This action might not be possible to undo. Are you sure you want to continue?
a) You’ve been asked to help your team plan a new project. Given a choice, you’d prefer to:
a) Get yourself up to speed by doing a web/database search to collect
background research on the project’s subject area b) Talk to people you know who’ve done similar projects c) Wait for the briefing, and more specific instructions d) Wait for the briefing, and work out which features of the proposed project are likely to be most/least successful e) Give the briefing f) Use the project to apply some original ideas you’ve been working on 2. Which activity would you be most comfortable doing?
a) Watching TV
b) c) d) e) f)
Writing a book Organising your files Telling a story Having a long conversation Figuring out the true politics behind the news
3. Which question are you most likely to be asked by your colleagues?
a) Did you see that soap opera last night?
b) c) d) e) f)
Where can I get information about…? Do you know anyone who….? Can you help us with our strategy? Who should we believe on this? Can you write this up for us?
4. What’s your most preferred communication situation?
a) One to one, wide-ranging conversations
b) c) d) e) f)
One to many interactions with you taking the lead Meetings where you get to shoot things down Professional discussions with other experts Finding somebody willing to give you advice Knowing just where to find some information when somebody asks you
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5. Which piece of praise are you most likely to hear in a professional context?
a) “You’re so good at expressing yourself”
b) c) d) e) f)
“You are very diligent” “You’re very easy to talk to” “You have a brilliant mind” “How do you know so much?” “We can always trust your judgment”
6. Which of the following do you fear most at work?
a) You lose your address book with email and telephone numbers
b) c) d) e) f)
You lose your personal document archives and web page bookmarks You develop a stutter You lose your ability to concentrate You lose your mentor You lose your ability to evaluate information
Now transfer your scores to the following table by circling the options that you answered. Add up your scores to identify your dominant knowledge personality types. A higher score means a higher predisposition towards that type.
Q.1 Q.2 Q.3 Q.4 Q.5 Q.6 (a) Collector (a) Consumer (a) Consumer (a) Connector (a) Communicator (a) Connector (b) Connector (b) Creator (b) Collector (b) Communicator (b) Consumer (b) Collector (c) Consumer (c) Collector (c) Connector (c) Critic (c) Connector (c) Communicator (d) Critic (d) Communicator (d) Creator (d) Creator (d) Creator (d) Creator (e) Communicator (e) Connector (e) Critic (e) Consumer (e) Collector (e) Consumer (f) Creator (f) Critic (f) Communicator (f) Collector (f) Critic (f) Critic
What’s your biggest score? Collector Connector Communicator Creator Critic Consumer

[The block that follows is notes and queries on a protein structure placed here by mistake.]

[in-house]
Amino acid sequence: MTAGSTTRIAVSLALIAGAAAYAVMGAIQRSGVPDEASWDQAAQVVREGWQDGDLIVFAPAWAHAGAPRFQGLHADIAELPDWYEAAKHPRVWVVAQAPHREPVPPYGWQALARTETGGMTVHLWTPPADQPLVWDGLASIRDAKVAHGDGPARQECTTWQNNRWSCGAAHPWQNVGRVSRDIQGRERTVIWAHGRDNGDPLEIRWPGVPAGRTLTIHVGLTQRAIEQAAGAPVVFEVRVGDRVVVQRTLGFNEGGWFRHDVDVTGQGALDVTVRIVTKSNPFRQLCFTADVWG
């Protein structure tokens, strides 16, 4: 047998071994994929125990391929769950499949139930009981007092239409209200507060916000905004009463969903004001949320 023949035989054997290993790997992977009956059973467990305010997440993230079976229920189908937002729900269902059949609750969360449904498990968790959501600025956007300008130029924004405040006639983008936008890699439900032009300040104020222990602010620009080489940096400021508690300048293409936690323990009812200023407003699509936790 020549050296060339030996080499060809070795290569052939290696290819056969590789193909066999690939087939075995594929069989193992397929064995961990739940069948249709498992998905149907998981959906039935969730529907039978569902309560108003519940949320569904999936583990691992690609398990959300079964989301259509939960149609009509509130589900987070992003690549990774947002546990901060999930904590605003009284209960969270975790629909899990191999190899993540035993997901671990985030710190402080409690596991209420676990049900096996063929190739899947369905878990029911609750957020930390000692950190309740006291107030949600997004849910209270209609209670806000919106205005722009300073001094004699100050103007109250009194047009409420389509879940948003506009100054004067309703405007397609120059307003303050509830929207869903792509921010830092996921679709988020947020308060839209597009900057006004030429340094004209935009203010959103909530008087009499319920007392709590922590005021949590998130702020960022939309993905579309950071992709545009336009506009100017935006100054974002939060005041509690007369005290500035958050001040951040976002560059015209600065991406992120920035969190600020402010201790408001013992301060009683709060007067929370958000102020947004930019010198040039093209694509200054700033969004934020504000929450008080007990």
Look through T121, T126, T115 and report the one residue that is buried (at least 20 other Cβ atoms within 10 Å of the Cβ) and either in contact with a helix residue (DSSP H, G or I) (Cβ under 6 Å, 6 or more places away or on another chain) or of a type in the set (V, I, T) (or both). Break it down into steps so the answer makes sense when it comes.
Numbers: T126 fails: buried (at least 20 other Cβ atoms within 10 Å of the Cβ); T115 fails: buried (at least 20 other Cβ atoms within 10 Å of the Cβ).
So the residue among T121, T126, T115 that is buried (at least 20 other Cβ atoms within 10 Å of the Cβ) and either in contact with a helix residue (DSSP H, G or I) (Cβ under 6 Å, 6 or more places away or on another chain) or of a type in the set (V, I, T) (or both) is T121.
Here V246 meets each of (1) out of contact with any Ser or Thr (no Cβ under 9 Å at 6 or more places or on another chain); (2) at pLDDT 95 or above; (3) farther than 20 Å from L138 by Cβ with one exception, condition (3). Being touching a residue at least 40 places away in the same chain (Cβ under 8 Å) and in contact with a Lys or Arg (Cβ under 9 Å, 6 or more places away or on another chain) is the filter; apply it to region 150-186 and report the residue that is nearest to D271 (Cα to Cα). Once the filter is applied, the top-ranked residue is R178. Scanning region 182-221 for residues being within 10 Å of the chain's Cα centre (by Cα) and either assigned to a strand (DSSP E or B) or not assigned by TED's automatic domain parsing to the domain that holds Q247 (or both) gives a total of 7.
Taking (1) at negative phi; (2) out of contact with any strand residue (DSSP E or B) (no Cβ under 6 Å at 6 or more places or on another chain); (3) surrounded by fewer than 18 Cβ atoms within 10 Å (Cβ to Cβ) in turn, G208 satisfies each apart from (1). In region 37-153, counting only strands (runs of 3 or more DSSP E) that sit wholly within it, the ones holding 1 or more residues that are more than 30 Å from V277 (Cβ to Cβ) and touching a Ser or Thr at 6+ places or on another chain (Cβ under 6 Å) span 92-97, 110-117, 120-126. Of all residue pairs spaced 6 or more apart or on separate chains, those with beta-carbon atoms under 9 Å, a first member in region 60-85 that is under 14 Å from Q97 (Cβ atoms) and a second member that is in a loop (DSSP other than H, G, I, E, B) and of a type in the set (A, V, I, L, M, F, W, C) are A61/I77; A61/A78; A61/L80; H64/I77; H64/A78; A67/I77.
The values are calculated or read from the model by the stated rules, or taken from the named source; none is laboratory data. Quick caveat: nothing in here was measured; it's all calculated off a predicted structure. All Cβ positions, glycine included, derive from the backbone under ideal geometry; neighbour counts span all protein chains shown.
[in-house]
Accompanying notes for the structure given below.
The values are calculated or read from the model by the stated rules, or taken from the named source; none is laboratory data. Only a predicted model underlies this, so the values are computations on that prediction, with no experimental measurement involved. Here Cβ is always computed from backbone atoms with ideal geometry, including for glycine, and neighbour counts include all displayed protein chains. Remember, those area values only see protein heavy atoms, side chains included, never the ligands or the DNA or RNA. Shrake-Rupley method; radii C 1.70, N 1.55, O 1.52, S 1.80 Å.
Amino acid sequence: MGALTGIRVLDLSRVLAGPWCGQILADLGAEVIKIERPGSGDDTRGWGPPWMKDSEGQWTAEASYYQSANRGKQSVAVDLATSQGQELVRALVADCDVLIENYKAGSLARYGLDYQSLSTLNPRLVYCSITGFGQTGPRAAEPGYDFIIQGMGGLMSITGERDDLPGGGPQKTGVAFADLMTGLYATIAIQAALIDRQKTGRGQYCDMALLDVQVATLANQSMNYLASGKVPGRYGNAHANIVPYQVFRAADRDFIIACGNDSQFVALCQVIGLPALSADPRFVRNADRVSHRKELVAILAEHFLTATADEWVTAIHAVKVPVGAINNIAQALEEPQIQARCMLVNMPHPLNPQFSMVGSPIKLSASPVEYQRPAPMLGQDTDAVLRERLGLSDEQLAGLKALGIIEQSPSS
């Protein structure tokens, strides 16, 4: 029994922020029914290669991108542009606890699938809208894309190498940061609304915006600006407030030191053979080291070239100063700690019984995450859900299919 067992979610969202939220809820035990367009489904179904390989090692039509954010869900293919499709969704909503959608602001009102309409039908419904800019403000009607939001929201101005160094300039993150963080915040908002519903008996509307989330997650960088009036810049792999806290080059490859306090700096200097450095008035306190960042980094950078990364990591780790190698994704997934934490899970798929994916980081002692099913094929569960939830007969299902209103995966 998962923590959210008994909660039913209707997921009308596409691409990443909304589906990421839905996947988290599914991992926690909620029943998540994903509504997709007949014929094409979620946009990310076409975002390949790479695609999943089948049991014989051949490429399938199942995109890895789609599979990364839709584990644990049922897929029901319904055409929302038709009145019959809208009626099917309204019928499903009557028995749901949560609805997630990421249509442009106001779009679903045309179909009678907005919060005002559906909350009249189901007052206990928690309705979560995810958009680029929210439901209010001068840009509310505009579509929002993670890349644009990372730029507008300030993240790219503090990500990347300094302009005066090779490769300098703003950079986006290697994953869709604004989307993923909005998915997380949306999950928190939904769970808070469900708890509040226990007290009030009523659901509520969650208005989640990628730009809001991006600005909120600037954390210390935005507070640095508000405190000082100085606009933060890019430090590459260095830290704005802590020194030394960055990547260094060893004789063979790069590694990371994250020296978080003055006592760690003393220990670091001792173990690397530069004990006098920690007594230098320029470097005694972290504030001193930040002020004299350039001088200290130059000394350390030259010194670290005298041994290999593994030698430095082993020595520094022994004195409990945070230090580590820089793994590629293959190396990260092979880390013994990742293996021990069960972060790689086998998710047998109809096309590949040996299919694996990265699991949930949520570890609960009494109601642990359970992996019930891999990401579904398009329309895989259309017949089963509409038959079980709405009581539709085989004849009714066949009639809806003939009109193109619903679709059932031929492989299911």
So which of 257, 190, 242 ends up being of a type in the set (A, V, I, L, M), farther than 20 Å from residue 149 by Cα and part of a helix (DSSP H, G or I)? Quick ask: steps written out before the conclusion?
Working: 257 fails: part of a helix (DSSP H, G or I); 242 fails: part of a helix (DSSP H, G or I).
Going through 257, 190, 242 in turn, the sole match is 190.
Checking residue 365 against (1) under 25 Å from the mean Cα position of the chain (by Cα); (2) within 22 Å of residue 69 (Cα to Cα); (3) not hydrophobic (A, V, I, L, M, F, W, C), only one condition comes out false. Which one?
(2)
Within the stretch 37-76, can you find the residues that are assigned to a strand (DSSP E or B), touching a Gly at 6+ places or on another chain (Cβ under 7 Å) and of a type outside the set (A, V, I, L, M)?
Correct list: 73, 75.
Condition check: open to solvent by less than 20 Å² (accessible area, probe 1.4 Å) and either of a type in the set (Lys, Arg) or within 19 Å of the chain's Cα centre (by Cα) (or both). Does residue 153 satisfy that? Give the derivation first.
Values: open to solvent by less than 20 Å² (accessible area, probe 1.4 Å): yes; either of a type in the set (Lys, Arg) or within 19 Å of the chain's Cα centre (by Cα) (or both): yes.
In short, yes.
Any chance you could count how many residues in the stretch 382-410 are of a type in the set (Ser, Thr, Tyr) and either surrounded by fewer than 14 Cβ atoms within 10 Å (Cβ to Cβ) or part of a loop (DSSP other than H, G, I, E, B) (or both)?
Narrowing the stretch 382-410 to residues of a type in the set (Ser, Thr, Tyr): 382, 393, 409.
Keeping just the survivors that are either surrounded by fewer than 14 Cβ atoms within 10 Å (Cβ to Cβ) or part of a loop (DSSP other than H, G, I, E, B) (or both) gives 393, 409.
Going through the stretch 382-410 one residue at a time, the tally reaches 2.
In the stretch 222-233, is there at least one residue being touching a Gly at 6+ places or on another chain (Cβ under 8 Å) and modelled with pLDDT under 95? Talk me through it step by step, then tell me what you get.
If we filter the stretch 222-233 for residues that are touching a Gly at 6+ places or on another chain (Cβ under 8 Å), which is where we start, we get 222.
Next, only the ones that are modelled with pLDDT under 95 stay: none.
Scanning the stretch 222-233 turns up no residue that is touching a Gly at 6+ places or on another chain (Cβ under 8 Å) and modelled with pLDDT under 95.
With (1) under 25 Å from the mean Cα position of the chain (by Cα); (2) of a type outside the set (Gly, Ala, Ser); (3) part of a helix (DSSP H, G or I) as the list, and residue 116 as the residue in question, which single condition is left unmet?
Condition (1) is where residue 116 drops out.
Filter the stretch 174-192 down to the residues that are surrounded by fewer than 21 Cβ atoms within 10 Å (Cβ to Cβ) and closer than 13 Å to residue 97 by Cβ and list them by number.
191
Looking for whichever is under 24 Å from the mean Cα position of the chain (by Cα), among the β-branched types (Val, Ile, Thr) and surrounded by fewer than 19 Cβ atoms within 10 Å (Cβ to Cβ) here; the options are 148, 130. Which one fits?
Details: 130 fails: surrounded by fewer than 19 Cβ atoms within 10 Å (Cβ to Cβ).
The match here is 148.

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The Collector Often mistaken for the ideal PKM type, the Collector does just what the name implies. They have huge appetites for information and knowledge, collecting the most bizarre things. It’s fairly easy to identify a Collector: they are the people you go to when you want to know unusual and out of the way things. Collectors have intricate systems for organizing their knowledge – even if outsiders often don’t understand their systems. They classify, organize, index, make links, give shape to clusters of knowledge, and chart relationships between different things. They are uniquely qualified to build maps, models and frameworks into which large collections of knowledge can fit. They are also good at finding their way round other people’s frameworks, and are extremely efficient searchers: they know all the best places to go and get information, and they are superb at ferreting out valuable stuff from unusual places. If you want a guide to any knowledge landscape, whether it is a research task or a first visit to a large trade show, find a Collector, set him loose, and try to keep up. The Connector Connectors collect relationships, and their enduring value is their ability to link people. When you need to know something, where a Collector will point you to a website or an article, or a piece of information in a database, a Connector’s first instinct is to point you to a person, and they even make the introductions for you. Connectors love to use their relationships and grow the vitality of their networks, by introducing people with complementary knowledge needs. Connectors have a lot of conversations, and keep casual email correspondence and bulletin boards buzzing, because they need to know what you know, as well as the sort of things you like to know. They are curious people; the richer the conversations they have, the more they’ll be able to anticipate, link and recommend valuable people when you’re in need. Connectors are especially valuable in a team when they know lots of Collectors as well – for obvious reasons. The Communicator Communicators are born storytellers. They may not be especially good at original research, but give them a mass of indigestible information, and they are extremely good at packaging it into something that will make sense for whatever audience you point them at. Communicators excel at creating reports, presentations, meeting records, briefing papers and discussion documents. If anybody is putting stuff into your company’s knowledge base, make sure it’s the Communicator who gets the job, and make sure they know whom the target audience is. If you’re looking for someone who can take a lot of tacit, unspoken knowledge out of somebody’s head, and turn it into an elegant procedure, process manual, or case study, then the Communicator is the person for you. Communicators mediate knowledge for different audiences. And because they need to know their audience in order to frame the message, you’ll find that they are also extremely good at listening. There are lots of synergies between Communicators and Connectors. The Creator These are much rarer knowledge personalities. They are the true knowledge originators. Creators are the experts you turn to for advice (this is advice you would pay for), they are the ones who produce theories, models and systems that other people follow. They write articles, books, and trail-blazing reports. They do daring experiments. Creators make a lot of knowledge that Collectors collect (and integrate